The woman’s eyes flew open, and she sucked in a sharp gasp of air. Then she screamed. A loud, broken screech of pain and fear. Her hands came up, nails broken, fingers bloody, and she clawed at Monica’s hold.

Vance jumped back, swearing, and Davis rushed forward. “Get the EMTS—get ’em now, get ’em—”

Monica caught the woman’s wrists and held tight. “It’s okay. You’re safe. It’s—”

But the woman in the broken coffin kept screaming, and Luke knew she didn’t believe them.

Not that he blamed her. Not one bit.

“I want to see my daughter!” Monica looked up at the fierce demand, her eyes locking on the woman who was all but crawling over the nurses’ station.

“The mother’s here,” she told Dante and rose slowly to her feet. Her right hand had already been bandaged. No stitches, luckily. She hadn’t realized how deeply the wood had cut her.

Too busy trying to get to the vic.

Knew she was alive.

No way would the perp have let his prey go that easily.

Where would the fun have been in a quick kill? There was no fear in a fast death. No time for the victim to realize what was coming.

A man with stooped shoulders grabbed the woman’s arms and pulled her back.

“I want my daughter!” She fought his hold, not even seeming to realize she’d just elbowed the guy, probably her husband, in the eye.

Such was the way with fear.

Monica slanted a quick glance at Luke and found him watching her. Eyes steady. Seeing too much.

“How’d you know she was still alive?”

Monica swallowed. “I—I didn’t.” She hadn’t known, not at first.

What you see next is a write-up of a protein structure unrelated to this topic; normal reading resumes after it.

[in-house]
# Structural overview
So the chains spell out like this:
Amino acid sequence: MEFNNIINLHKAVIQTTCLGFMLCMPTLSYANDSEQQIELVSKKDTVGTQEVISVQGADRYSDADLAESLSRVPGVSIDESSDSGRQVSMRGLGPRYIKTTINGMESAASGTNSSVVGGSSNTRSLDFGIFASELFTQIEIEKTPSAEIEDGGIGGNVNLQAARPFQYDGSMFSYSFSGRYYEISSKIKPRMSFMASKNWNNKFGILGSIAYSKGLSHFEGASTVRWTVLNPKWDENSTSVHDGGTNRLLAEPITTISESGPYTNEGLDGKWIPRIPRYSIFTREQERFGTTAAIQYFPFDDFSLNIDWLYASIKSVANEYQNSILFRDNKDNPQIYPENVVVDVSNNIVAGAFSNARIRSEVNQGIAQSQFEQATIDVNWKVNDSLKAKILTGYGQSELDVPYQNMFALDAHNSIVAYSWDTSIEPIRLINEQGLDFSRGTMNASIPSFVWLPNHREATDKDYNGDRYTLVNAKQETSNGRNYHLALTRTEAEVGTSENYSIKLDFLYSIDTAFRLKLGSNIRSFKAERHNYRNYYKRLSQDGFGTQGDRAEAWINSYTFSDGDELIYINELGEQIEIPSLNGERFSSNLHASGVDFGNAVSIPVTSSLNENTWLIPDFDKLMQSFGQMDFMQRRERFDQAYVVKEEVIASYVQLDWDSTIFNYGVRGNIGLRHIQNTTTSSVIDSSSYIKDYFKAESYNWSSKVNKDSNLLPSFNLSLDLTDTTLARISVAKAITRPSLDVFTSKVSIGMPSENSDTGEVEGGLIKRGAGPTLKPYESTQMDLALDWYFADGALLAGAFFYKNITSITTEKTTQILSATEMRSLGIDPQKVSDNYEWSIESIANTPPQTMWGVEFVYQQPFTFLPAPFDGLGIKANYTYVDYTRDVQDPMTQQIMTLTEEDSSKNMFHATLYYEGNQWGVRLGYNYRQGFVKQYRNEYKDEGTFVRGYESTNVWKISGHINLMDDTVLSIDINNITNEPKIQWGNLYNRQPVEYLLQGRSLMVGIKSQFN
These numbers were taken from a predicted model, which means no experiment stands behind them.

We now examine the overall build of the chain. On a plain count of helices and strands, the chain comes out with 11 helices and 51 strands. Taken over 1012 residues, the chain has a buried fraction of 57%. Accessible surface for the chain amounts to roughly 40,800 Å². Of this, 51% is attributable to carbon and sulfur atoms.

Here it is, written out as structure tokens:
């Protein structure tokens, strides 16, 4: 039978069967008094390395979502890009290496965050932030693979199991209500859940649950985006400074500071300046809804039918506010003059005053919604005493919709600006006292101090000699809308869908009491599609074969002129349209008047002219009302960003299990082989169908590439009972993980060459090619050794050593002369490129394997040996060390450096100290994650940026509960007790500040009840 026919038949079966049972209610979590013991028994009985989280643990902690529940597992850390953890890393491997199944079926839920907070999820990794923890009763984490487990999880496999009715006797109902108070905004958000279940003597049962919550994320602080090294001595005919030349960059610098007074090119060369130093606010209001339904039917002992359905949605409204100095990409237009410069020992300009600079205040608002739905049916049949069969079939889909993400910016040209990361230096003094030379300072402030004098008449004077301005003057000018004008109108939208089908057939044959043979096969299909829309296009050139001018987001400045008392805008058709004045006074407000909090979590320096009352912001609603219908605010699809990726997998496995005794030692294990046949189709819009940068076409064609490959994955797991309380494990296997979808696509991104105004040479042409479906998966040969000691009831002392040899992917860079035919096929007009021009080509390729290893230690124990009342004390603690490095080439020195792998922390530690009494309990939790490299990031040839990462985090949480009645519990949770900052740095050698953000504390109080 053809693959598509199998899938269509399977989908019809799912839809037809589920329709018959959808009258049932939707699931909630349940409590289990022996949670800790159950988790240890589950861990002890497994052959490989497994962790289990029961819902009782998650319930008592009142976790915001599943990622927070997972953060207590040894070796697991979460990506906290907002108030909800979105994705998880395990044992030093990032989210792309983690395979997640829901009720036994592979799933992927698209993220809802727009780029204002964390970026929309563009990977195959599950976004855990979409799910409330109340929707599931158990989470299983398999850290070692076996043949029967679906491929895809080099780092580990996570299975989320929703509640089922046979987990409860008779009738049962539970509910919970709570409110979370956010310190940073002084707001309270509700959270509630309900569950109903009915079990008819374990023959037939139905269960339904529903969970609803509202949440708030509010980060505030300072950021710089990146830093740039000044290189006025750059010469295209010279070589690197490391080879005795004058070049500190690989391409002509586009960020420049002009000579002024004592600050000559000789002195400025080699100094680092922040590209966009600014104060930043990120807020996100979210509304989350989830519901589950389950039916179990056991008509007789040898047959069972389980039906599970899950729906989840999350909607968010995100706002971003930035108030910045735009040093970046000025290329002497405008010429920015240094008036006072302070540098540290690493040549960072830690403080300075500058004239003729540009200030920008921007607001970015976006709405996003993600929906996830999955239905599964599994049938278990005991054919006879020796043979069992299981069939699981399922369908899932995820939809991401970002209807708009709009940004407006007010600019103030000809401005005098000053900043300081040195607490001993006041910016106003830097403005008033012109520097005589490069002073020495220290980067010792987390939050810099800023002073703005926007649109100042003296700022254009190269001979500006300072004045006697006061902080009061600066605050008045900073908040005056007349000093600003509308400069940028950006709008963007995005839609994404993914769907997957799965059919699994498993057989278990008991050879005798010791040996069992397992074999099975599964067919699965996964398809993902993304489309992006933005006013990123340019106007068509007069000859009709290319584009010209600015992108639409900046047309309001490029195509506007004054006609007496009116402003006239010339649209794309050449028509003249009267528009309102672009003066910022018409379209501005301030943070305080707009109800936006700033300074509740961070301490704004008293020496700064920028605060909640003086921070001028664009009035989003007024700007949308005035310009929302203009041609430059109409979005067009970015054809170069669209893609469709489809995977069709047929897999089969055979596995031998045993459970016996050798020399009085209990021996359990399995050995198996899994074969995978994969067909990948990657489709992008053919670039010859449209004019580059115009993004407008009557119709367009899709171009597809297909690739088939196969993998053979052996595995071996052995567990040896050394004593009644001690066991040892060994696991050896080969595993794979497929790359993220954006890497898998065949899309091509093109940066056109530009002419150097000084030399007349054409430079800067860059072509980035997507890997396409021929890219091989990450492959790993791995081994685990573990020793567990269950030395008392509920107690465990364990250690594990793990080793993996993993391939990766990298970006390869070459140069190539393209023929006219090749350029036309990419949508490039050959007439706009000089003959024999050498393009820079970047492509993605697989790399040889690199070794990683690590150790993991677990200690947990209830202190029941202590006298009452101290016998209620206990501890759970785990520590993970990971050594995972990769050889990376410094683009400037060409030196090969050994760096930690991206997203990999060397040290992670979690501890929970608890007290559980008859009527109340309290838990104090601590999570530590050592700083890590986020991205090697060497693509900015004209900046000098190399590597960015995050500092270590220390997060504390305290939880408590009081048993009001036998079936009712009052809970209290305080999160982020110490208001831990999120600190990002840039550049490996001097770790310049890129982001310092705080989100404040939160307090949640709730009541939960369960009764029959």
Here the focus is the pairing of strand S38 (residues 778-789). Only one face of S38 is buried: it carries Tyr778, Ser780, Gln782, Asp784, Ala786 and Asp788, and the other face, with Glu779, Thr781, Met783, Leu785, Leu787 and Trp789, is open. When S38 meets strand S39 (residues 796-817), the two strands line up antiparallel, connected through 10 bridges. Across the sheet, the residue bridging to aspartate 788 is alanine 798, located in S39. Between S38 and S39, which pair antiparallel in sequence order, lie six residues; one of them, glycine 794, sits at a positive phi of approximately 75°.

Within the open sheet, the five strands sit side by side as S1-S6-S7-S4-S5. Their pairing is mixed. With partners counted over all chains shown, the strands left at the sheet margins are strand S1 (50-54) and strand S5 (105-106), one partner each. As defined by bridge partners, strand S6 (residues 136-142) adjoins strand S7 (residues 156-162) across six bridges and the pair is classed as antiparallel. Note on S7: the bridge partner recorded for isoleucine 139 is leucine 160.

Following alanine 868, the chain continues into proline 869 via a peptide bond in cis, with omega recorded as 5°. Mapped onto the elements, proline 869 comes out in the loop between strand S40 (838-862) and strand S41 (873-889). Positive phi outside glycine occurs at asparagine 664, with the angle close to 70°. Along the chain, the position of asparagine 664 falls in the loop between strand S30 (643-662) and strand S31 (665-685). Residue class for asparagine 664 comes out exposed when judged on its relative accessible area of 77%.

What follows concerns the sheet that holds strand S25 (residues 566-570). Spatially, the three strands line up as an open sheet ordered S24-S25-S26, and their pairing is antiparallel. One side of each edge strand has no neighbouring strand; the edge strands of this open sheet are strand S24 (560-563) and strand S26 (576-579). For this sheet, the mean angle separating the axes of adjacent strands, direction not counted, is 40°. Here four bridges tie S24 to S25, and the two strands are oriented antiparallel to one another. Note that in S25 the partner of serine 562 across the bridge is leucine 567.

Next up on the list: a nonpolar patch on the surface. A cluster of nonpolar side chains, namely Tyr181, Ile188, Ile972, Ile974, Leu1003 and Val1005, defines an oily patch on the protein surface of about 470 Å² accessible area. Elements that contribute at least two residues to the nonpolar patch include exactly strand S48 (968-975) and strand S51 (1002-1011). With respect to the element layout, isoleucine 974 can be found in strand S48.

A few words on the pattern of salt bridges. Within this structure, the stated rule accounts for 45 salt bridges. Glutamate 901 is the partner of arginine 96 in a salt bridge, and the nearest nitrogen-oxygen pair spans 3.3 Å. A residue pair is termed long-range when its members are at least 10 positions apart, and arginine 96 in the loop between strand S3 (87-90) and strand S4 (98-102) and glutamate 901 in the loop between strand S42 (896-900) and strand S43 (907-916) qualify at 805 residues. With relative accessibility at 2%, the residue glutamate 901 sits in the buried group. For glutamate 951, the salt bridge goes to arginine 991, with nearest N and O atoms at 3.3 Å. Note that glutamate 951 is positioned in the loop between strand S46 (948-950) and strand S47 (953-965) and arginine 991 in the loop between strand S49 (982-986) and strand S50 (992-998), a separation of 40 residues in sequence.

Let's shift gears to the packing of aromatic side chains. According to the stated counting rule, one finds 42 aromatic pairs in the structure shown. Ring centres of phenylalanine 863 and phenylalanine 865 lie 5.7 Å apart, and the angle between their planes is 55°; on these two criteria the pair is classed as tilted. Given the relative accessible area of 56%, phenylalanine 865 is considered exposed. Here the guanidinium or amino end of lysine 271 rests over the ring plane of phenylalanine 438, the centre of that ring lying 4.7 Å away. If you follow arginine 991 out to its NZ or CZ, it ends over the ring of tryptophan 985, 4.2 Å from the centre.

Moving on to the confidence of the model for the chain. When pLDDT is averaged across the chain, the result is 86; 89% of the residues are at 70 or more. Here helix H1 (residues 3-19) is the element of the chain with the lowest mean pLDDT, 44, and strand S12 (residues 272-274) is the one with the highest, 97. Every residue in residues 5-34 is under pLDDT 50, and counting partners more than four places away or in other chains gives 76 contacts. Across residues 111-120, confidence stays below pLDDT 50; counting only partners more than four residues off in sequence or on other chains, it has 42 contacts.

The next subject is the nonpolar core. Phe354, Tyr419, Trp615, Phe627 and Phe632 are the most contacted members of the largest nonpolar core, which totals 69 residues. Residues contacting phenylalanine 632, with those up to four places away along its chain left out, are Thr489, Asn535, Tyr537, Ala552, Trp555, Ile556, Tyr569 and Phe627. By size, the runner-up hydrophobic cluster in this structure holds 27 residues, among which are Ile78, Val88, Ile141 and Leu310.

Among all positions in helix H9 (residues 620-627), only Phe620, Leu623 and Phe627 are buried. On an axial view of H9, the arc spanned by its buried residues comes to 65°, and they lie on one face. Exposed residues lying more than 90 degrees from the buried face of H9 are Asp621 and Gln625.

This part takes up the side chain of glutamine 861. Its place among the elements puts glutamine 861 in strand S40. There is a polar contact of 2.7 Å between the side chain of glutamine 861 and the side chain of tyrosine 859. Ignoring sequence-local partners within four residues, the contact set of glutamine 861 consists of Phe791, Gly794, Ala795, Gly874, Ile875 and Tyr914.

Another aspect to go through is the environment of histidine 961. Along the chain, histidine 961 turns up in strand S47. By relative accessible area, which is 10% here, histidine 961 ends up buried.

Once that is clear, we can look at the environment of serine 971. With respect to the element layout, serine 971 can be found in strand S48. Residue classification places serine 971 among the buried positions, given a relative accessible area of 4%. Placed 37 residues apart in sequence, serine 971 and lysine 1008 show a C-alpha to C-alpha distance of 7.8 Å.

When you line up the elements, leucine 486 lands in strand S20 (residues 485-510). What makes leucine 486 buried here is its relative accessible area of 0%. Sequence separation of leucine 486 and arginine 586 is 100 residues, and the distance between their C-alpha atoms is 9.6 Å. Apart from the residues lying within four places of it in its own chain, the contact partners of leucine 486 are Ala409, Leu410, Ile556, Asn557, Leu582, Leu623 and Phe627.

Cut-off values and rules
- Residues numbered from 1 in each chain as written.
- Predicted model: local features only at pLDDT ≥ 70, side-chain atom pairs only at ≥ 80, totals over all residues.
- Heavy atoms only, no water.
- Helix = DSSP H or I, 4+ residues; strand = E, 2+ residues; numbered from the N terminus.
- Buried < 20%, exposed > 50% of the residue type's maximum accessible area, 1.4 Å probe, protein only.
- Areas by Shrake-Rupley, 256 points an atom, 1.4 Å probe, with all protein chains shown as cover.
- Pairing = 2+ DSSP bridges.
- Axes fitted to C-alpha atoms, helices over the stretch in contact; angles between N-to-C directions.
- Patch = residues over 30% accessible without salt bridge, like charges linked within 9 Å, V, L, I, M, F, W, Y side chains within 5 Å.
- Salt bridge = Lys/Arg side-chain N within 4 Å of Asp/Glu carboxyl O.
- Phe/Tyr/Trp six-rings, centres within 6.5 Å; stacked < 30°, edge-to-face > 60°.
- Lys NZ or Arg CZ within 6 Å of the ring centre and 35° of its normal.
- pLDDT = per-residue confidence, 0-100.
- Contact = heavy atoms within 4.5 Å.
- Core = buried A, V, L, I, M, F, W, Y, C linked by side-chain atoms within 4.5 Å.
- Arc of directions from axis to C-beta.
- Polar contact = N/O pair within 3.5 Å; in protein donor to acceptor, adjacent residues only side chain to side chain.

The fear, the hope, had slowly built within her as she studied the scene. He’d attacked too fast. Dread had tightened her body and squeezed her heart until she’d had to dig.

Get. Her. Out. The mantra had screamed in her head.

He rose, his body brushing hers. His fingers feathered over her cheek, pushing back her hair. “Yeah, you did.” His gaze held hers. “I saw it in your eyes.”

She’d have to watch that. No, watch him.

“He enjoys his game,” she told him, and this was the truth. “The more I thought about him…” She forced a shrug and realized the heat from Luke’s body surrounded her, and she could smell him. All these years, and the guy still wore the same cologne. “He likes for his victims to suffer.”

His hand fell away from her. Stupid, but she missed the touch. “But why bury her? Why—”

She jerked her thumb toward the parents. The mother was crying now. No quiet tears there. Loud, shuddering sobs. “I’m betting they’ll be able to tell us why.”

Monica broke away from that green stare. She squared her shoulders and walked across the tiled floor. She felt Dante’s stare on her, then heard the tap of his shoes as he followed her.

The mother looked up at her approach. Mary Billings, retired third-grade teacher. The guy patting her shoulder—definitely the husband Alan—looked scared to death.

Smart man.

Monica cleared her throat and flashed her ID. “Ma’am, I’m Monica Davenport with the FBI, and I need to—”